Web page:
Instead of doing any of that, return to the main screen, switch to the gun you are using, and then just hold down R. Your character will automatically keep crafting new ammo for that gun as long as you hold down the reload key and you have the components you need.

Besides ammo, weapons themselves break down over time, so keep at least one copy of every Schematic so you can build a new weapon during a round if your current one breaks.

Before we get to building defenses, be on the lookout for trapped survivors, as there is usually at least one per map. Some just have to be found and talked to, while others have to be defended against zombies before they will give you the time of day.

After rescuing a survivor, everyone in the match gets a player-specific item that can’t be picked up by anyone else.

Defending Phase

When you complete the map’s starting objective (turning on a machine, powering up a vehicle, finding a base location, etc.) your team can finally start building a base.

First and foremost, take a look at the mini-map before you place any structures or traps. Purple clouds indicate where the enemy will come from during each wave. There’s no point in building traps in the wrong direction where they’ll never be sprung.

Remember that metal structures can take the most damage before falling (switch between material types by right clicking), but if you’re low on supplies you don’t always need metal on the floor panels and wood or brick will do just fine.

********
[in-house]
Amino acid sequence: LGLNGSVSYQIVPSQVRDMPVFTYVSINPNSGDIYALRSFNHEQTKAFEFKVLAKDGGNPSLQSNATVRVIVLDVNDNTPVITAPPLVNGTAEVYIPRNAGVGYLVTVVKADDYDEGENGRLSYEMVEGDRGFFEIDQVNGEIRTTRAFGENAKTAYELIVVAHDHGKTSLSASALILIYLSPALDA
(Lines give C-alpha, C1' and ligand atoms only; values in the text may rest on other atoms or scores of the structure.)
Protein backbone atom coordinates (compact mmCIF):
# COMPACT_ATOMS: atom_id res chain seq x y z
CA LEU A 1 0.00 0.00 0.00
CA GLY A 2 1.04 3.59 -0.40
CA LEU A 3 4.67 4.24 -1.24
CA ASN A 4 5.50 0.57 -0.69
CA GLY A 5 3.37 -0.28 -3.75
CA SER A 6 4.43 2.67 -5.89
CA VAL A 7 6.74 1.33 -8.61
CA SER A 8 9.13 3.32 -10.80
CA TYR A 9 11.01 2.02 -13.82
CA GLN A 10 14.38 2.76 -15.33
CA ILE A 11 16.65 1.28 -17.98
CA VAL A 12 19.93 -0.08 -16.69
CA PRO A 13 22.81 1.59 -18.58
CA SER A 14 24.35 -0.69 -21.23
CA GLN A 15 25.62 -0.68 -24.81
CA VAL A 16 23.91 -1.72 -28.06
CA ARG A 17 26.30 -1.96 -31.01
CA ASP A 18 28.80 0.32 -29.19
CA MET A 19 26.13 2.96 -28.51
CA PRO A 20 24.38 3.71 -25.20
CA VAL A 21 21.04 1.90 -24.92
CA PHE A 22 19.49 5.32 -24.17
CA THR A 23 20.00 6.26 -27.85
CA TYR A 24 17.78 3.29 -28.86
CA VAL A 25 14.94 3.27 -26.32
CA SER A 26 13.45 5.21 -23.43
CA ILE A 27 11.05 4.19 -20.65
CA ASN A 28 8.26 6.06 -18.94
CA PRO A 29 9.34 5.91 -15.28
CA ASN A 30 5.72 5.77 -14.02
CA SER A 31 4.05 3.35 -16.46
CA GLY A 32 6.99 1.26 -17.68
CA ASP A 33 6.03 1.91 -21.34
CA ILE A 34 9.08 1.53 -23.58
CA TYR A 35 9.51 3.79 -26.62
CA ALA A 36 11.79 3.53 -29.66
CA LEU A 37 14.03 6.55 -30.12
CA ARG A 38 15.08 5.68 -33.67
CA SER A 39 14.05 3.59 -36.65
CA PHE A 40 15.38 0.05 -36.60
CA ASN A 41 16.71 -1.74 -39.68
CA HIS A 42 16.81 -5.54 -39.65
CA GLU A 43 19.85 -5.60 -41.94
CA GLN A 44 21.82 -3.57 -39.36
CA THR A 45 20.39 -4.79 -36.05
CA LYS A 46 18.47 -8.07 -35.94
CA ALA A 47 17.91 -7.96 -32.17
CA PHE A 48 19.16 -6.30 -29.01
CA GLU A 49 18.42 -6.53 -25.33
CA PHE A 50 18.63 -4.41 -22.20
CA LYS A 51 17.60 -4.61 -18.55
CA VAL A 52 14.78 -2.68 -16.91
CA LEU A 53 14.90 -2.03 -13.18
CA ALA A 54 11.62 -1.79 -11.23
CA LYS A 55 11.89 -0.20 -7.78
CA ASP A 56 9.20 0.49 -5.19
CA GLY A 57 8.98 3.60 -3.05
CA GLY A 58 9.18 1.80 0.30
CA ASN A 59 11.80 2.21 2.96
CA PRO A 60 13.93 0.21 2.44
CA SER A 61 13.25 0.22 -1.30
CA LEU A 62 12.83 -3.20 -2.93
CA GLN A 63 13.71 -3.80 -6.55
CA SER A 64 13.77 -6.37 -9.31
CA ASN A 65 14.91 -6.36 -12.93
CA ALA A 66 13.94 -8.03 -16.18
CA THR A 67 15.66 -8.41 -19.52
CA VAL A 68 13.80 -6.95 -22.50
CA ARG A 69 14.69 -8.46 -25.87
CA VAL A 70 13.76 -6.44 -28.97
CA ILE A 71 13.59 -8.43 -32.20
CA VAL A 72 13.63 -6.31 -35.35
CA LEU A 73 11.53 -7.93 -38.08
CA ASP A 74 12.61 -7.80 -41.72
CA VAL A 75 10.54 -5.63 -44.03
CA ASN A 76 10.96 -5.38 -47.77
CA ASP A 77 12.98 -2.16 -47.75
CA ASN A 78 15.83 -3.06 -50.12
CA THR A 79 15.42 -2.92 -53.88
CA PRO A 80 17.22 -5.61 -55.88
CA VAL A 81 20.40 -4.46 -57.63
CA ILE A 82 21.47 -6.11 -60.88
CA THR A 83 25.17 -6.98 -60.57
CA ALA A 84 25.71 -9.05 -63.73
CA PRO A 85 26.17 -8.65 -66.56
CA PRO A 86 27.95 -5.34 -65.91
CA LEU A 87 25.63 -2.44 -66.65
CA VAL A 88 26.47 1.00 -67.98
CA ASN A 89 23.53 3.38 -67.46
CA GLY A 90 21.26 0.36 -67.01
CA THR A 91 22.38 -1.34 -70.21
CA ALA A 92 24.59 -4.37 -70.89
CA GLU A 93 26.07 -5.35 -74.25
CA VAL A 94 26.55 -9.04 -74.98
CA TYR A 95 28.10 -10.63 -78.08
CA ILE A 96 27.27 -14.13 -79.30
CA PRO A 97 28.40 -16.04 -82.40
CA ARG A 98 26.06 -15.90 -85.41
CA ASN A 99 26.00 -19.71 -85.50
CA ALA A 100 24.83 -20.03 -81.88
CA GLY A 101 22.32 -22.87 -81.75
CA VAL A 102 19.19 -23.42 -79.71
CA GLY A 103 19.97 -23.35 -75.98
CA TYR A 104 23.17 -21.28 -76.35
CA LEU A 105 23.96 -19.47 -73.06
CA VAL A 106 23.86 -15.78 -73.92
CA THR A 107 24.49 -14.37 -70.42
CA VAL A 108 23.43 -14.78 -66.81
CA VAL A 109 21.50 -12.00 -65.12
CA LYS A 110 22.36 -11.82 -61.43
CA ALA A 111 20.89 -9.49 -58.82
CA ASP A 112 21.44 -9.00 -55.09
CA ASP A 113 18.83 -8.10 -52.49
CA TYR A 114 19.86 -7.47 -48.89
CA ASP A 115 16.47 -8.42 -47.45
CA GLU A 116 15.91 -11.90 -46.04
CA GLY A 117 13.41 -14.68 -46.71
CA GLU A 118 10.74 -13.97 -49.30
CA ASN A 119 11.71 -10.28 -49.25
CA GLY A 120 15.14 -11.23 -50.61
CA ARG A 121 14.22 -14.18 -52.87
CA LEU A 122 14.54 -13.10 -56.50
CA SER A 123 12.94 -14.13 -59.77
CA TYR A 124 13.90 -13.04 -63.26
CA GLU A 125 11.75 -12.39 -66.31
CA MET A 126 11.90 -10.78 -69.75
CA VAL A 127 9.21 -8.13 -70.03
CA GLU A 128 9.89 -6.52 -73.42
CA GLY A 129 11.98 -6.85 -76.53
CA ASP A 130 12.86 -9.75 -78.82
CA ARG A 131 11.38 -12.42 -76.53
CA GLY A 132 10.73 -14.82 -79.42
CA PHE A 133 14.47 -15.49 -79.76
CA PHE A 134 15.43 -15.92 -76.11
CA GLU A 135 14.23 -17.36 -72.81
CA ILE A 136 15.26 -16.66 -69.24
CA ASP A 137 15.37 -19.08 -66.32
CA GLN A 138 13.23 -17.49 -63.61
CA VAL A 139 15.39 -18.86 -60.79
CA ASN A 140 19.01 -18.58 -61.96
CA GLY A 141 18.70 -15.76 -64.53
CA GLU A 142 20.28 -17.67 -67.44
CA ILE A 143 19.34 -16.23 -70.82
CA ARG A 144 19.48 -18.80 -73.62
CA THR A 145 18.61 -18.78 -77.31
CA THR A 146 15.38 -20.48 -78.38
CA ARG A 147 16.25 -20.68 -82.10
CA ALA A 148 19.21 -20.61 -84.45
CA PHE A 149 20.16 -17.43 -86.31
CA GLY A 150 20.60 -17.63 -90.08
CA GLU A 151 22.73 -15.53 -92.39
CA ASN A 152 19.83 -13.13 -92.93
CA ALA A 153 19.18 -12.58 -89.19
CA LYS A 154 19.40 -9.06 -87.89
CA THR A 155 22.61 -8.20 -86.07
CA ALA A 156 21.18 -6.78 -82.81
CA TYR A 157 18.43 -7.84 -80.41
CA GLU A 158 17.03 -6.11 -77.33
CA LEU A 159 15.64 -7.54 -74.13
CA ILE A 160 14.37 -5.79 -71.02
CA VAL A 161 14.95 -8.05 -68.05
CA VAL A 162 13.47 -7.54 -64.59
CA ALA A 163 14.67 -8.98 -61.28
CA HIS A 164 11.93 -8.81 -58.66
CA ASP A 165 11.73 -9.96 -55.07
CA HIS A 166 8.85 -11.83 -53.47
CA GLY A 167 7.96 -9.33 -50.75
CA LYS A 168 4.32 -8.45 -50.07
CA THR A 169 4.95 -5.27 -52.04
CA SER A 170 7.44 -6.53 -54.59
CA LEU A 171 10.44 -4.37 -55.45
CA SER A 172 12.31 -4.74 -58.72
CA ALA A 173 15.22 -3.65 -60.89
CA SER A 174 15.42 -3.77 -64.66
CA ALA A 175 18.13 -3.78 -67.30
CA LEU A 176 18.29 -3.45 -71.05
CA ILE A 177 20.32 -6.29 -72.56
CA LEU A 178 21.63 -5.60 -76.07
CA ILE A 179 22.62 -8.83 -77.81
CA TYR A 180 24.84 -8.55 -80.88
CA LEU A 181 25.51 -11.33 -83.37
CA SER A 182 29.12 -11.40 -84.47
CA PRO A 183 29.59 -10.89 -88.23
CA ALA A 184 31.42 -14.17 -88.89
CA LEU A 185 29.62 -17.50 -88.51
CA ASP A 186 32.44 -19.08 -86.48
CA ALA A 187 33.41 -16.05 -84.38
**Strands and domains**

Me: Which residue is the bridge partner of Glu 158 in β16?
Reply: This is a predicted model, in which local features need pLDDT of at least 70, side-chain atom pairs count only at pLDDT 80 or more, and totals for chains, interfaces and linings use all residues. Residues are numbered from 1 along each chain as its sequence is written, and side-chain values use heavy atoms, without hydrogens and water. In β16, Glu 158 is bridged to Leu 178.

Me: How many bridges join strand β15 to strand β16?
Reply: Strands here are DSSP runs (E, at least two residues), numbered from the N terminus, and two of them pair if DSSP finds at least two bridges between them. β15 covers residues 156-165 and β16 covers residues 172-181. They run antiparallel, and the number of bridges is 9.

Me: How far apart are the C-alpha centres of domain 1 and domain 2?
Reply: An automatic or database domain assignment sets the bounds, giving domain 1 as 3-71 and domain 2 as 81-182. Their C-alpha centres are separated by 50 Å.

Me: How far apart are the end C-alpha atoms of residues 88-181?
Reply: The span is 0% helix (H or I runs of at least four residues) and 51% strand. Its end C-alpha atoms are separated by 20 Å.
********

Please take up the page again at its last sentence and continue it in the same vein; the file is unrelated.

Always surround your primary objective with walls (don’t forget a door on one segment), then build traps outward. Hit T to switch to traps, but don’t forget you have to craft them first from the inventory menu before they will be available to place.

It’s also a good idea to build a low wall of just one line immediately before your floor traps to stop enemies and give you some cover. Wall traps can then be placed on the outside to take down enemies before they get into your main defenses.

You can build multiple floors of a structure using walls, which can be nice for having a high vantage point for ranged combat before the wave of husks even gets close. 

 Defending a base location

Now hit that switch and get ready for the fun! During combat, use your special abilities like grenades routinely, and if you are use a ranged character, aim for head shots to deal bonus damage. Multiple head shots in a row offer bonuses.

The normal Husks aren’t much of a threat, but be on the lookout for the Pitchers, who throw ranged bones, as well as the larger and slower moving enemies who deal much more damage.

Lobbers are the main threat in the early game to your base, as they will throw flaming skulls over you to hit whatever you are defending. Make sure to put a roof over your base to keep it safe, and go out of your way to kill long range Lobbers first.